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Flamingo hotel expansion


Flamingo hotel expansion


Break Sokos Hotel Flamingo


Structural engineering and information BIM coordination

Flamingo Hotel expansion

Flamingo is the largest indoor water park in Finland and a massive entertainment centre with lots of visitors even from afar.

The Break Sokos Hotel Flamingo embrace the increasing demand with a new steel-frame building with 232 rooms. Sweco has been in charge of the expansion’s structural engineering and information model coordination.

The hotel expanded to meet the region’s developmental requirements and reinforce Flamingo’s role as a centre for entertainment. The wing-shaped, bright red and spectacular hotel building has a surface area of approximately 9,700 floor square meters, making it the largest hotel in Finland.

The shape of the building is both interesting and challenging. The entire span of the building is curved, narrowing towards the east and ending at a round staircase tower.

Adaptable facilities

The hotel floors’ frame consists of a combination of steel columns, steel beams and hollow core slabs, which supports the adaptability and efficient use of the building. This enables the construction of light partition walls that can be easily modified.

The initial design of the project included WQ beams. In the tendering stage and based on the initial information provided by the client, the steel frame supplier Peikko drew up an alternative solution of DELTABEAMs. Once Peikko had secured the contract, it used the initial information to create final measurements for the beams and create engineering design plans. The connections between pillars and beams were designed by Sweco.

“The majority of the architectural modelling has been lifted on top of a massive cast-in-situ slab-beam framework, and it is supported by reinforcing wall structures and a grid of beams with wider gaps than in the upper floors. The slab-beam framework functions as a sort of load-bearing bridge deck structure. On top of this structure are the composite pillars upon which the DELTABEAMs, as wide as hollow core slabs, lay. The curved shapes are primarily manufactured by using straight beam moulds, which was one of the deciding factors behind DELTABEAMs. The façades are supported by the beams. The underlying idea was that the beams should not have elevated ledgers, creating more vertical space and making the building service system installation work easier,” says Sweco’s Ville Tarvainen, in charge of the site’s steel structure design.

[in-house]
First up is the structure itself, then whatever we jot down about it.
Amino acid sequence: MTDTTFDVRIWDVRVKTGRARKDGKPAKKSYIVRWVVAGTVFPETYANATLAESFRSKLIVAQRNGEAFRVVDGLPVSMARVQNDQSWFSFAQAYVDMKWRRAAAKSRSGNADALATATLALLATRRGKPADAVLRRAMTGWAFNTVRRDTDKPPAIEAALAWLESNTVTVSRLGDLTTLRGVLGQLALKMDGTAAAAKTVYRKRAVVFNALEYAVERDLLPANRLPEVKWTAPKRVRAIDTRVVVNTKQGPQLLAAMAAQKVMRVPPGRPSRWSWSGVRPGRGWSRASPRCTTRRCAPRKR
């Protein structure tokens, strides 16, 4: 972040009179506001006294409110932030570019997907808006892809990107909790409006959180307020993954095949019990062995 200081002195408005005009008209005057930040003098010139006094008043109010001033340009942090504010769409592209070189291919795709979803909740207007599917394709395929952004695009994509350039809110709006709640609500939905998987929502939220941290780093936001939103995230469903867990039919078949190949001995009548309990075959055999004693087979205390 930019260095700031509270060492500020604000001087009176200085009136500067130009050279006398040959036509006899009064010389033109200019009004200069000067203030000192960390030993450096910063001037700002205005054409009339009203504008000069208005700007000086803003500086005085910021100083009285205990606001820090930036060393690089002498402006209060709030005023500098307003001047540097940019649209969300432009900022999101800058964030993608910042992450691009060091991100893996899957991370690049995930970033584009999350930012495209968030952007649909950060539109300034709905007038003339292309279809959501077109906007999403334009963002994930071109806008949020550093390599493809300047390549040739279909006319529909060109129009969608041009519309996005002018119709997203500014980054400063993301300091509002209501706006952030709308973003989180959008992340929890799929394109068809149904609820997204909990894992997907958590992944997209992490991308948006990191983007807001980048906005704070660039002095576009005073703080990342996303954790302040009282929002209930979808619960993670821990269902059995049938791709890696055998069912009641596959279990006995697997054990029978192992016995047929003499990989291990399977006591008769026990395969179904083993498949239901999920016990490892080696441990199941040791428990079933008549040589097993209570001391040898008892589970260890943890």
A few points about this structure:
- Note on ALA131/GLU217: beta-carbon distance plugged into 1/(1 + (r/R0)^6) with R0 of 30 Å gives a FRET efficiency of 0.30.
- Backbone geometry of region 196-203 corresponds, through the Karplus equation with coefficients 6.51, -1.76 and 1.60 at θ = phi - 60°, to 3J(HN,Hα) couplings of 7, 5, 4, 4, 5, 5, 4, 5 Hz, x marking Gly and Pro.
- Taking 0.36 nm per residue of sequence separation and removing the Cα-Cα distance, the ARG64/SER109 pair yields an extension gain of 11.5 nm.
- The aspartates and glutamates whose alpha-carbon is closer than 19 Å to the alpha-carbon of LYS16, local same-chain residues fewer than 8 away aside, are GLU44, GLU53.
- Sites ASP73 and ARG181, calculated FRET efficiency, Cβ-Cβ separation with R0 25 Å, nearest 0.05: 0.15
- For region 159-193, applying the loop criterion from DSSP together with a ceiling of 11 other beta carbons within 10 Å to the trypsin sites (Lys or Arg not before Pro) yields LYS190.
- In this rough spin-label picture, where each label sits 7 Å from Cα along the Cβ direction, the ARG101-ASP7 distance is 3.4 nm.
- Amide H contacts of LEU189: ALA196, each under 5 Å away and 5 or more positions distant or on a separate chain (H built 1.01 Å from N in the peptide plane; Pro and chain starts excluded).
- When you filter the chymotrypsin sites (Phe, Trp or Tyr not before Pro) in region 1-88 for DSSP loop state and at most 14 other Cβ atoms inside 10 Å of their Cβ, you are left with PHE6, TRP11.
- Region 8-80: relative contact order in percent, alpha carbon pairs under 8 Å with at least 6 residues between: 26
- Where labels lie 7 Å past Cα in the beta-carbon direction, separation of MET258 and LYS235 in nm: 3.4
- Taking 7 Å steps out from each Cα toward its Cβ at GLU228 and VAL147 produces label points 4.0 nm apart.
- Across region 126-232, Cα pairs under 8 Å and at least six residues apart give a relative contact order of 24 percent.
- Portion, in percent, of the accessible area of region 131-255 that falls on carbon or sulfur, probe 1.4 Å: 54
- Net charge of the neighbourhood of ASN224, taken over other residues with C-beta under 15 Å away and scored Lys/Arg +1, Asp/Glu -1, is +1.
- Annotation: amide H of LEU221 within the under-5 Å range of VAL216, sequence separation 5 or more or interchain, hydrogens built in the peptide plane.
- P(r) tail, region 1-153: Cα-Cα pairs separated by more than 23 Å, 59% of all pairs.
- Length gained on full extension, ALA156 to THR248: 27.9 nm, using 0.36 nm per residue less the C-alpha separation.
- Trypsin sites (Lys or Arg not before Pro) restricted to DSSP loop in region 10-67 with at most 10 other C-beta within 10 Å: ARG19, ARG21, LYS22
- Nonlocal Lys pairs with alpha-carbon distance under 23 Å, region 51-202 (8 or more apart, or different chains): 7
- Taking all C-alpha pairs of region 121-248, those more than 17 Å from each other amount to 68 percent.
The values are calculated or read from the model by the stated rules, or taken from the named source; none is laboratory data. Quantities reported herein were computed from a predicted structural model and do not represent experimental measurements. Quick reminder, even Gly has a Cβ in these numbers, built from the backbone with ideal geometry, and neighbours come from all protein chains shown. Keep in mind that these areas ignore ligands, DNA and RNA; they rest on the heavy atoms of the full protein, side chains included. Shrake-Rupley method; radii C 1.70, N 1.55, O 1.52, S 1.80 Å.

Information models bring operators together and make design and construction more efficient

Several operators have been working together according to a joint model is increasingly common in construction. The model made cooperation more efficient and quicker. “At the site, we used the Tekla Model Sharing tool, where the actual model is stored on a cloud-based server, where different users can access it. In this project, both Sweco’s and Peikko’s modellers worked according to a single model, making exchanging data effortless and harmonisation and inspection easy,” Tarvainen continues.

Peikko agrees with this view of the information model. “We designed the DELTABEAM by information modelling with Sweco, working on the same model. This feels great, because we are constantly able to track the progress of the design and see what changes are required and being implemented,” adds Elina Hietanen, Project Specialist at Peikko.

Break Sokos Hotel Flamingo is the largest hotel in Finland with its 539 rooms. The expansion construction is completed at the end of 2018.